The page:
(Dow Jones) With the estate tax expected to roar back in 2011, the practice of making big taxable gifts is gaining appeal right now.

Big gifts to friends and family slipped out of vogue as the estate tax was steadily pared over the last decade by laws passed in 2001. Increases in the exemption-that is, the dollar value at which an estate qualifies to be taxed-made the gifts unnecessary. The tax rate also shrank, and this year is at zero.

Both gift and estate taxes are set to return to higher levels next year, and Congress appears unlikely to stop that. Smaller estates also will be hit.

John J. Scroggin, an attorney in Roswell, Ga., said he has talked with at least three dozen clients about gifting, including one man with $300 million who is trying to decide how much he wants to give away. The more cash he can part with to pay gift taxes, the more he can give.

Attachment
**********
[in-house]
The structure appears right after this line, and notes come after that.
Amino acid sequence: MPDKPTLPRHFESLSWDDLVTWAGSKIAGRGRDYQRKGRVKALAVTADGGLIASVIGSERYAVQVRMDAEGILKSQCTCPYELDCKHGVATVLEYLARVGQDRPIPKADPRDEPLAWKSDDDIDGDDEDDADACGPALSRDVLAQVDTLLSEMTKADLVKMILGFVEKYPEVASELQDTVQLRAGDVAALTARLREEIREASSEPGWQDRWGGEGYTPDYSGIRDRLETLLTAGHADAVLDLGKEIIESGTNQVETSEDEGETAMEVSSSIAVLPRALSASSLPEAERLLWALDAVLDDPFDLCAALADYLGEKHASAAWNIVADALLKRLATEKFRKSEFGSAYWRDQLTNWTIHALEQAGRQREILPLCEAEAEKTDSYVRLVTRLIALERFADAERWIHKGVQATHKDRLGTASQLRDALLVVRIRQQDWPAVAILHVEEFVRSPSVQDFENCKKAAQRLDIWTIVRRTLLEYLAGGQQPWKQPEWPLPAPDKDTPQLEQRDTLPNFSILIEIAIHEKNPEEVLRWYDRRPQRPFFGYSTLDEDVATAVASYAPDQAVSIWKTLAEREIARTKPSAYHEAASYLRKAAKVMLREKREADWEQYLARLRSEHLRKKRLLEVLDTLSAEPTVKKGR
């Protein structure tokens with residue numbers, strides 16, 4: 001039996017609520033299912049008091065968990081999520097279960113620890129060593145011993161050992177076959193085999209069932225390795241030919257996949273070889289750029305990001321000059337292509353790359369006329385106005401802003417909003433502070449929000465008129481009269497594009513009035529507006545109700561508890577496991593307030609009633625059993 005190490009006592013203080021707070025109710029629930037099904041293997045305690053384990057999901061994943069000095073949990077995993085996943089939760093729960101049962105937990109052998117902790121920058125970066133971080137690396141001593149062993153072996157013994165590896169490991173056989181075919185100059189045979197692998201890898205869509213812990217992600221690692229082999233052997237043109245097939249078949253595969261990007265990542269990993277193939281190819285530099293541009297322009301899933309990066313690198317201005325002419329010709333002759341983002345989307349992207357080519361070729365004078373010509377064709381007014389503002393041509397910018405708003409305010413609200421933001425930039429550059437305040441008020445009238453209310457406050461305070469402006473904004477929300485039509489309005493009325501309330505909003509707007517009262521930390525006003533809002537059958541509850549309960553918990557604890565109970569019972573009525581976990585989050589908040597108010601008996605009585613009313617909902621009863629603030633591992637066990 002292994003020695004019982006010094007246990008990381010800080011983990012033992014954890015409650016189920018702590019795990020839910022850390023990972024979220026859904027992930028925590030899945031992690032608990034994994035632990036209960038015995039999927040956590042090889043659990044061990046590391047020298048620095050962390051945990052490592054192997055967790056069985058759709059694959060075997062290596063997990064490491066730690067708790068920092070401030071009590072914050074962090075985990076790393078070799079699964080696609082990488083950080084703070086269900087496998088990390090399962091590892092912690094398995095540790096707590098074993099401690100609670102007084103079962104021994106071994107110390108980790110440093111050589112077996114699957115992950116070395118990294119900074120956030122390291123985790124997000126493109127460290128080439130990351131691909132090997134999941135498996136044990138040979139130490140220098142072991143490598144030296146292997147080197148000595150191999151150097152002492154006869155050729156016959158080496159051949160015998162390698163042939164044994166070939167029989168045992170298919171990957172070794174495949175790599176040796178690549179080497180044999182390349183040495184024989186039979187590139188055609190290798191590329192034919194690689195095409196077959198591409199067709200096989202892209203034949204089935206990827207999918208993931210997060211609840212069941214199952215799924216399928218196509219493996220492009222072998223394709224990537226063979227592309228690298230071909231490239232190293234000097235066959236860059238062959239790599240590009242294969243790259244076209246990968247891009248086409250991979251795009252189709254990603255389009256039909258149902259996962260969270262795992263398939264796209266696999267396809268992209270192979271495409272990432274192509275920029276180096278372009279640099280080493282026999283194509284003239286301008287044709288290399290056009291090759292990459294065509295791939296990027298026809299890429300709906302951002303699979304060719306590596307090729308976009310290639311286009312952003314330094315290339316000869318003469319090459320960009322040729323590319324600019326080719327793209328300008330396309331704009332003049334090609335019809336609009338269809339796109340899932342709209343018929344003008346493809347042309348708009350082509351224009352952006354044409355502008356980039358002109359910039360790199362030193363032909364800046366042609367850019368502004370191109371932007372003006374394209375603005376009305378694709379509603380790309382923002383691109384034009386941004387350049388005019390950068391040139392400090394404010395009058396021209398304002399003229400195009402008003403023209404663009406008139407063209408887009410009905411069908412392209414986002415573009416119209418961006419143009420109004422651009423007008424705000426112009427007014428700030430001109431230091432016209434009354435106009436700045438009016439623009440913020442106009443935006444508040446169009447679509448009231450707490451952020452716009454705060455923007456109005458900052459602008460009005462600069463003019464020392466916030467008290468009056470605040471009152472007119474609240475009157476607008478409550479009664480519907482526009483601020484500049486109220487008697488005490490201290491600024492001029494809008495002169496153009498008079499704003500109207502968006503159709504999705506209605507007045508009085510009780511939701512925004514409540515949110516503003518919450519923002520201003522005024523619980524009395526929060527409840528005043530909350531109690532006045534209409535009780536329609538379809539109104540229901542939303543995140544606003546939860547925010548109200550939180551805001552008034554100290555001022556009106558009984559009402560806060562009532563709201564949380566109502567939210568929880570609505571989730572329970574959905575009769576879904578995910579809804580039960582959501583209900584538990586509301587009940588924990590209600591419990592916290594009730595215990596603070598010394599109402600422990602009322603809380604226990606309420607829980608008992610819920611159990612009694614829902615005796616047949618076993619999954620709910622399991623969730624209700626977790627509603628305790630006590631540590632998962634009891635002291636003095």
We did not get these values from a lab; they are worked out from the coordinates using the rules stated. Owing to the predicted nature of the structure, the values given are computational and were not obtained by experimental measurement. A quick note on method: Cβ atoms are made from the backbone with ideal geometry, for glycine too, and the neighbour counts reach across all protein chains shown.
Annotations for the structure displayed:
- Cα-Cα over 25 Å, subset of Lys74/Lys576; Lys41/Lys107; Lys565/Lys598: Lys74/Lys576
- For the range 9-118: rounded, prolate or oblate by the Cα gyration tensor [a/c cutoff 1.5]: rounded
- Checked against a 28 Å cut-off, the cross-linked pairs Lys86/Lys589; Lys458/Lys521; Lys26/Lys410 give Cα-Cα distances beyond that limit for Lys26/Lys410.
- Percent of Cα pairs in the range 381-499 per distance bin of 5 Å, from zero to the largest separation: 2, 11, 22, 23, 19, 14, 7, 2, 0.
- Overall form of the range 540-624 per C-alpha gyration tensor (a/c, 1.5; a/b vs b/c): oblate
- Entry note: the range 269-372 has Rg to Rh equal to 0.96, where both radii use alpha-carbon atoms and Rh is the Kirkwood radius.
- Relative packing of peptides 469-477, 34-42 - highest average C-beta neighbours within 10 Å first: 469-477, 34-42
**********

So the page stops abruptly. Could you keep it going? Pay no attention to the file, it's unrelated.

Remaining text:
Low tax rates, slumping asset values and pressure by Congress to limit tax-reducing discounts that people can take on businesses have created a kind of perfect storm for gifting this year, he says.

For people with family businesses, especially, "you couldn't ask for a better time to gift," he says.

The idea is to lay the groundwork for a big gift now but not actually make it until closer to year end. Waiting makes sense because there is still uncertainty about how Congress will act.

M. Holly Isdale, managing director at Bessemer Trust Co., said that "come December, there may be a rush to do something in 2010 even if we are still in limbo, and take their chances on subsequent reform legislation."

Right now, anyone can make unlimited gifts to individuals of up to $13,000 each year without owing tax on them. Any amount above that is taxed. There is a $1 million lifetime gift tax exemption.

For 2010, the gift tax rate is 35%. Differences between the estate and gift tax rules mean that if the donor survives the gift by three years, the effective gift tax rate is effectively only 26%. Next year, unless Congress acts, the top tax rate on gifts and bequests over $1.2 million will be 55% with an additional 5% surtax on transfers from $10 million to $17.1 million.